Legislation and refusal of blood transfusion by a minor Jehovah-witness in Belgium
Faculty of Medicine and Health Sciences
Acta chirurgica Belgica. - Brussel, 1946 - 1996
, p. 355-359
University of Antwerp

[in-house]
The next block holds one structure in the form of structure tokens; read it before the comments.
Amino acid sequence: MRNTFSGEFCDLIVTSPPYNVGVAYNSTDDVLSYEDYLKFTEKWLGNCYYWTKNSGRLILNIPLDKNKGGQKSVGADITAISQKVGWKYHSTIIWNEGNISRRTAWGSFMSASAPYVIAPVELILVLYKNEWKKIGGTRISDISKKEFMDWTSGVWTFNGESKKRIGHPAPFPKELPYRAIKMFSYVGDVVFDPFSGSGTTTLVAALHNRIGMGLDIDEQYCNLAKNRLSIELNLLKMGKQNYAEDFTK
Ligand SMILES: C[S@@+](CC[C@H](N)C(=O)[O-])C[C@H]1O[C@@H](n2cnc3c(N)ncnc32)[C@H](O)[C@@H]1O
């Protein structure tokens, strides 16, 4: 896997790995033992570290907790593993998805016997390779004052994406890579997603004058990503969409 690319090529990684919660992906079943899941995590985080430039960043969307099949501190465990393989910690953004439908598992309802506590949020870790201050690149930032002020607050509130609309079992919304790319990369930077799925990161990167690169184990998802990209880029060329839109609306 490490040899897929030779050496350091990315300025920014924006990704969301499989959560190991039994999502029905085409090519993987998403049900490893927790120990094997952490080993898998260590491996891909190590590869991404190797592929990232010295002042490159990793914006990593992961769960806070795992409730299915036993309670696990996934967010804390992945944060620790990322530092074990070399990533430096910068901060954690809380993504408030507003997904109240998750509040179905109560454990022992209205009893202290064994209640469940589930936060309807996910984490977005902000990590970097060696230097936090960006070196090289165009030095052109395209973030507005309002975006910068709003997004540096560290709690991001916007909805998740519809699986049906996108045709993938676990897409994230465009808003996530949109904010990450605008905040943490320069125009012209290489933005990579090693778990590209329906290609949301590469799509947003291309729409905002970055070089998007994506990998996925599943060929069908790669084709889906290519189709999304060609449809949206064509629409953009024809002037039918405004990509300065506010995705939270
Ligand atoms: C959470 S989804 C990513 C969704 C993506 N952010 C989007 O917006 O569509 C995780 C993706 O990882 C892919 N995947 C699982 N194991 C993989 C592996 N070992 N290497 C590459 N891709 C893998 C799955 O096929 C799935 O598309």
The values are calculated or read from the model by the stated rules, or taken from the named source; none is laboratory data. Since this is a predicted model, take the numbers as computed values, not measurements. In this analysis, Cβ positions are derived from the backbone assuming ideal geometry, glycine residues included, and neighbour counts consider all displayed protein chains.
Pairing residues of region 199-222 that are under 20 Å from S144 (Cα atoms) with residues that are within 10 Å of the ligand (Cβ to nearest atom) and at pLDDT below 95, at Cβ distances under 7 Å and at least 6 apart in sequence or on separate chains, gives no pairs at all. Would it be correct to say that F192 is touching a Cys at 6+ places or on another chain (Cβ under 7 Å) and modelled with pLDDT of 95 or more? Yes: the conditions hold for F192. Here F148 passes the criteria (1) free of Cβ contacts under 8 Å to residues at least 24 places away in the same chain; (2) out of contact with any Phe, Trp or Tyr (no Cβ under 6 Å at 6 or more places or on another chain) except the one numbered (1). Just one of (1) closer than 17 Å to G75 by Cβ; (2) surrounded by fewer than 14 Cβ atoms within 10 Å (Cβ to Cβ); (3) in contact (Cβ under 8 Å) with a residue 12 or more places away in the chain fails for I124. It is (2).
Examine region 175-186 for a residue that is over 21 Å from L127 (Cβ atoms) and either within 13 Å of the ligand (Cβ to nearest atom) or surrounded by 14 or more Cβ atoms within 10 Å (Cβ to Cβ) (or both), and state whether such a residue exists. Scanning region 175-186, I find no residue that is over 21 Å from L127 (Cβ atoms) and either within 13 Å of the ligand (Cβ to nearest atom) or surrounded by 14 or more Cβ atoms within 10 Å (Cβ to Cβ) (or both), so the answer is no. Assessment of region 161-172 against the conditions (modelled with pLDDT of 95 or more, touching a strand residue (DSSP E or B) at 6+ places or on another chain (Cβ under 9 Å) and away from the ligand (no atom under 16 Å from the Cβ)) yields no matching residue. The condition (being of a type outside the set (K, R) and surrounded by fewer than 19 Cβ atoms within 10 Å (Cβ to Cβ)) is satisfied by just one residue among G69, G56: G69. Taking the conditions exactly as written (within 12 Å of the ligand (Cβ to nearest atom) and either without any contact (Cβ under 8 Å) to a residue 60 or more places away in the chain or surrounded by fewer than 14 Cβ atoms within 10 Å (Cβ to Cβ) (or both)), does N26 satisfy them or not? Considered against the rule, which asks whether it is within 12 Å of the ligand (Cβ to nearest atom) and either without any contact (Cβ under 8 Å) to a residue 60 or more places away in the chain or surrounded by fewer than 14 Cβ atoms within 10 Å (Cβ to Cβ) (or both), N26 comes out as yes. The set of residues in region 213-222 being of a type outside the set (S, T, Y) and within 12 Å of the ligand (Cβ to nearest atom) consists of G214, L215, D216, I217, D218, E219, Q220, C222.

The refusal of blood transfusion by Jehovah's Witnesses in critical situations constitutes an ethical and juridical dilemma. The refusal to receive blood products by Jehovah's Witnesses is based on biblical verses. Recurring arguments to sustain this refusal regard the right to self-determination and the right to freedom of faith. If minors are involved, the problem is rendered even more difficult as the parental authority over young children needs to be taken into account. When adolescents are concerned, the situation if even more ambiguous since adolescents might be considered as mature enough to provide autonomous consent. On the basis of three cases, the most frequent bottlenecks that can come up in paediatric emergency services are highlighted : (1) the refusal of a blood transfusion by the parents of a young child; (2) the refusal by an adolescent and (3) prior refusal based on a "No Blood"-document. Regarding minors, the law on patients' rights in Belgium contains safety mechanisms concerning the preservation of physical integrity. Therefore, a key responsibility has been assigned to the physician. A step-by-step plan and a synoptic diagram are presented.